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You Make A Better Wall Than A Window: Why Policyholders Can Rest Assured That Insurers Should Pay Legal Bills For Claims With Potential For Coverage By Graham C. Mills, Alan H. Packer

Unfortunately, policyholders, such as manufacturers and contractors, routinely face the unnecessary challenge of how to access all of the insurance coverage which they have purchased. Frequently, the most pressing need is to get the insurance company to pay the legal bills when the policyholders have been sued. The recent Iowa federal district court opinion in Pella Corporation v. Liberty Mutual Insurance Company should help a policyholder in a dispute to require its insurance company to pay those legal bills sooner rather than later by highlighting that the duty to defend arises from the potential for coverage, and the insurer may not force the policyholder to prove the damage to obtain a defense.

March 6, 2018

Buyer Beware: Primary and Excess Insurance Coverage is not Always Coextensive By Graham C. Mills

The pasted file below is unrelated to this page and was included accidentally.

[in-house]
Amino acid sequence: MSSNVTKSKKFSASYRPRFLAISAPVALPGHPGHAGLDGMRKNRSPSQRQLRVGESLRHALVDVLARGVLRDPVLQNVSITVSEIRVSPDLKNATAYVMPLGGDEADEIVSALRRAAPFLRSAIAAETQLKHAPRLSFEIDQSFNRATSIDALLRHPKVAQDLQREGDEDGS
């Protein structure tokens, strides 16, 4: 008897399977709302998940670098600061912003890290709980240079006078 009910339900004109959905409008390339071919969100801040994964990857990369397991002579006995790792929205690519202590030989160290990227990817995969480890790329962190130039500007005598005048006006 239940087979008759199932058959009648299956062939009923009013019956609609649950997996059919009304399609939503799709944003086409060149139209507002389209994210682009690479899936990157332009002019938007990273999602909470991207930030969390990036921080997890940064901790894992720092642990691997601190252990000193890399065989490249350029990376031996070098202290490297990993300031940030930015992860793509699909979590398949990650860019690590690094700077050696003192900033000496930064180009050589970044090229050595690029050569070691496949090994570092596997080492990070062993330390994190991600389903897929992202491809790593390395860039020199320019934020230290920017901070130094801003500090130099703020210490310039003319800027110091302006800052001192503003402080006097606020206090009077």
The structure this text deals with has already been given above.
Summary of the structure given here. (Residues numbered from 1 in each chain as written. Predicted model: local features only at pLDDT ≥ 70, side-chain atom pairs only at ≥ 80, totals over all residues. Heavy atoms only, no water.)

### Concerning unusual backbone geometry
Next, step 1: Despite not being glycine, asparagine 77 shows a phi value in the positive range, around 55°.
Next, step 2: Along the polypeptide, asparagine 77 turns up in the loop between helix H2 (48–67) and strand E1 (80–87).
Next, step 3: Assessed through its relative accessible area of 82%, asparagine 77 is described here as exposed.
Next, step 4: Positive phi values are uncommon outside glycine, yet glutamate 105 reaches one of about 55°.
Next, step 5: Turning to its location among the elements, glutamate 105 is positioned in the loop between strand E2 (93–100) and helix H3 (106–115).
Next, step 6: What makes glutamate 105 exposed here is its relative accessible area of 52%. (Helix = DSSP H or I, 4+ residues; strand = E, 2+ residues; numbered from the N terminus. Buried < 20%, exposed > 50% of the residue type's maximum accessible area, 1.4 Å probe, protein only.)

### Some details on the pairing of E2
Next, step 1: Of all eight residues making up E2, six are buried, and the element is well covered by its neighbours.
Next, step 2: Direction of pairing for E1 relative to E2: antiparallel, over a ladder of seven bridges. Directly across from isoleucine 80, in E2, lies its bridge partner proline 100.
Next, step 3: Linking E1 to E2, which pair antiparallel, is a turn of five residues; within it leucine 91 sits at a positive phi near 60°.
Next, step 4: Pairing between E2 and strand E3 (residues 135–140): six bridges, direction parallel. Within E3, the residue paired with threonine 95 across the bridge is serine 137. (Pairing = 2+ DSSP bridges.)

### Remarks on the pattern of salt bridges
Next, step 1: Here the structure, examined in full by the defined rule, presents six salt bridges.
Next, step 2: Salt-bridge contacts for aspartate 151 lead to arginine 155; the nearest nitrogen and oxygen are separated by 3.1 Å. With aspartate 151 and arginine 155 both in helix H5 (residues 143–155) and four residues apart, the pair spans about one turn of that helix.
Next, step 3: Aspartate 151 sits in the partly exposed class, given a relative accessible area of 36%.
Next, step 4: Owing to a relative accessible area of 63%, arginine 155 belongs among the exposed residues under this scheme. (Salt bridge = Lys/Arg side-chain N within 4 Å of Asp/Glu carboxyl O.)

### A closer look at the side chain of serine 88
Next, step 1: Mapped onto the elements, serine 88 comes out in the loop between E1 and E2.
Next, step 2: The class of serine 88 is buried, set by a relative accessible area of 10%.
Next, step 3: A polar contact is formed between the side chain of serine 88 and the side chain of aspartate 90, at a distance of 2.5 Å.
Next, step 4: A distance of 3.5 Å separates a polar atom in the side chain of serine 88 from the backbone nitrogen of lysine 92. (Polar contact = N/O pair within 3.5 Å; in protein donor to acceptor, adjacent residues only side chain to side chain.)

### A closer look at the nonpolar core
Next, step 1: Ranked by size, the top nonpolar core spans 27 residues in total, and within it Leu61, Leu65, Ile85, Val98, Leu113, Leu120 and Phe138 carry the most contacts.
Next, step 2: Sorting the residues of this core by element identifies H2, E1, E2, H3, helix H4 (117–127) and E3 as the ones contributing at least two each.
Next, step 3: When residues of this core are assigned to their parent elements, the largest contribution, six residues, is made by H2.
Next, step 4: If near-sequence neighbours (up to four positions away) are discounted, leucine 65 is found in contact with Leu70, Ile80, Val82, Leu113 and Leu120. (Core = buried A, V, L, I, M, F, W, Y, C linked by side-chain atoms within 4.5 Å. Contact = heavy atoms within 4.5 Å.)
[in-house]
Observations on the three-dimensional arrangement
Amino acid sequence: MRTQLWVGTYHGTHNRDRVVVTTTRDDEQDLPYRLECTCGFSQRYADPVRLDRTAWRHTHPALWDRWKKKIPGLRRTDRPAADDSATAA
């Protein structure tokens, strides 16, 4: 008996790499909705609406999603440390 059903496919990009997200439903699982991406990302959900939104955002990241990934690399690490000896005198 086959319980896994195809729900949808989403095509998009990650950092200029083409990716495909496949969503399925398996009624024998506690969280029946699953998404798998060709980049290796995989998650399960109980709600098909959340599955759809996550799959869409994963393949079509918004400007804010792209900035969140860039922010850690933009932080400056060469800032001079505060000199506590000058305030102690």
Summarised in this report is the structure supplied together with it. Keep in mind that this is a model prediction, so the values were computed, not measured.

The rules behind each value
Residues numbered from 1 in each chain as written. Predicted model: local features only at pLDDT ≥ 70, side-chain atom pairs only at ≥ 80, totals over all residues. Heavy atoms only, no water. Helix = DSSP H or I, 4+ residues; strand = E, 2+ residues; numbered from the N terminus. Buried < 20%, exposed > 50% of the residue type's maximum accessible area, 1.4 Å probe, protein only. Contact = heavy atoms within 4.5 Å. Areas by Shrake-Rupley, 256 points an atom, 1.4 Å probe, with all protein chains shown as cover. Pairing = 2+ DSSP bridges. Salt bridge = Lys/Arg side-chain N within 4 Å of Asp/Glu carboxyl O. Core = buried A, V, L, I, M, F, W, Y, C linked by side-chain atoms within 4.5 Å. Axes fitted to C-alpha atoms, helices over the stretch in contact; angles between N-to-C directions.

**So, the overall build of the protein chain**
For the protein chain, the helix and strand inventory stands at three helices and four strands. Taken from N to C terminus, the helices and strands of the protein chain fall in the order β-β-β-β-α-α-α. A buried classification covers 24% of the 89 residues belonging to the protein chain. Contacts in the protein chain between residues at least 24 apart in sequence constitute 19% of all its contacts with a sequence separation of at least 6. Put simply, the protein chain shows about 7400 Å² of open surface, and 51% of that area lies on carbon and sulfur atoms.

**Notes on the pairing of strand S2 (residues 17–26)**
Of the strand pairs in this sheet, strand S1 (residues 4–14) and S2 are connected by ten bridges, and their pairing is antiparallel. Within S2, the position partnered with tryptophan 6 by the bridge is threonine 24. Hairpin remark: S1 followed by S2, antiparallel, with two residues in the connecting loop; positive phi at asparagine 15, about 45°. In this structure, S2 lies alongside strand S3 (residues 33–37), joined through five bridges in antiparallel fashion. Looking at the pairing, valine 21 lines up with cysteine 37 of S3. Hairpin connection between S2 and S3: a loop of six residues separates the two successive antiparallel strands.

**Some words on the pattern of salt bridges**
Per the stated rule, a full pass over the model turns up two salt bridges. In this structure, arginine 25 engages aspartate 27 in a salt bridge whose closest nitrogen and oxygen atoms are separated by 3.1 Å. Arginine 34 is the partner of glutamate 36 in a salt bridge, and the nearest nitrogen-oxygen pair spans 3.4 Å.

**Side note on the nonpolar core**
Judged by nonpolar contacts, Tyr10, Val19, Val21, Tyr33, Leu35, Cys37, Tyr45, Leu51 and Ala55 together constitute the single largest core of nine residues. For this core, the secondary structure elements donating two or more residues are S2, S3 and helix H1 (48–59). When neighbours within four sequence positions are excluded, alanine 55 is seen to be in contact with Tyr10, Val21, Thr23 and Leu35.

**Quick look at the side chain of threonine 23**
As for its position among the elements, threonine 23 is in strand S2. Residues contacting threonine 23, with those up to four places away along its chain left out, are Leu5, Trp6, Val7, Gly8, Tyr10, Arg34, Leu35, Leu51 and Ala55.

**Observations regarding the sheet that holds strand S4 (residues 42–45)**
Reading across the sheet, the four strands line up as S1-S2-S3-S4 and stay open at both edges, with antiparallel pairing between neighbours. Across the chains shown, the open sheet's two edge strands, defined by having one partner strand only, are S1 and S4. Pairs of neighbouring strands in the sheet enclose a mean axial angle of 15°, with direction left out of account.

In Haering v. Topa Insurance Company, Case No. B260235 (Feb. 3, 2016), the Second District Court of Appeal examined which provisions of a primary insurance policy were incorporated by reference in an excess insurance policy, and which provisions were not. This question is often significant because excess policies tend to be brief and incorporate by reference the key terms of an underlying primary policy, which is a separate document often written by a different insurer. In theory, when an excess policy incorporates by reference the terms of a primary policy, both policies should work together to provide a continuous layer of coverage for the insured. Unfortunately, that is not always the case.

March 29, 2016

Subcontractor Must Pay for General Contractor's Defense, Including its Litigation Mistakes, After Ignoring General Contractor's Tender Under Express Indemnity Provision By Graham C. Mills

A recent decision by the Court of Appeal, Valley Crest Landscape Development, Inc. v. Mission Pools of Escondido (2015) 238 Cal.App.4th 468, reinforces the right of a general contractor to defense and indemnity by a subcontractor when the parties have contractually allocated risk to the subcontractor. To ensure compliance with that right, the Valley Crest court imposed a strong penalty against a subcontractor that defaulted on its obligation.

December 16, 2015

CLM Around the Nation: Employee Error Corrected in Duty to Defend By Graham C. Mills

..."notes made by an insurer's employee are evidence..."

December 15, 2014

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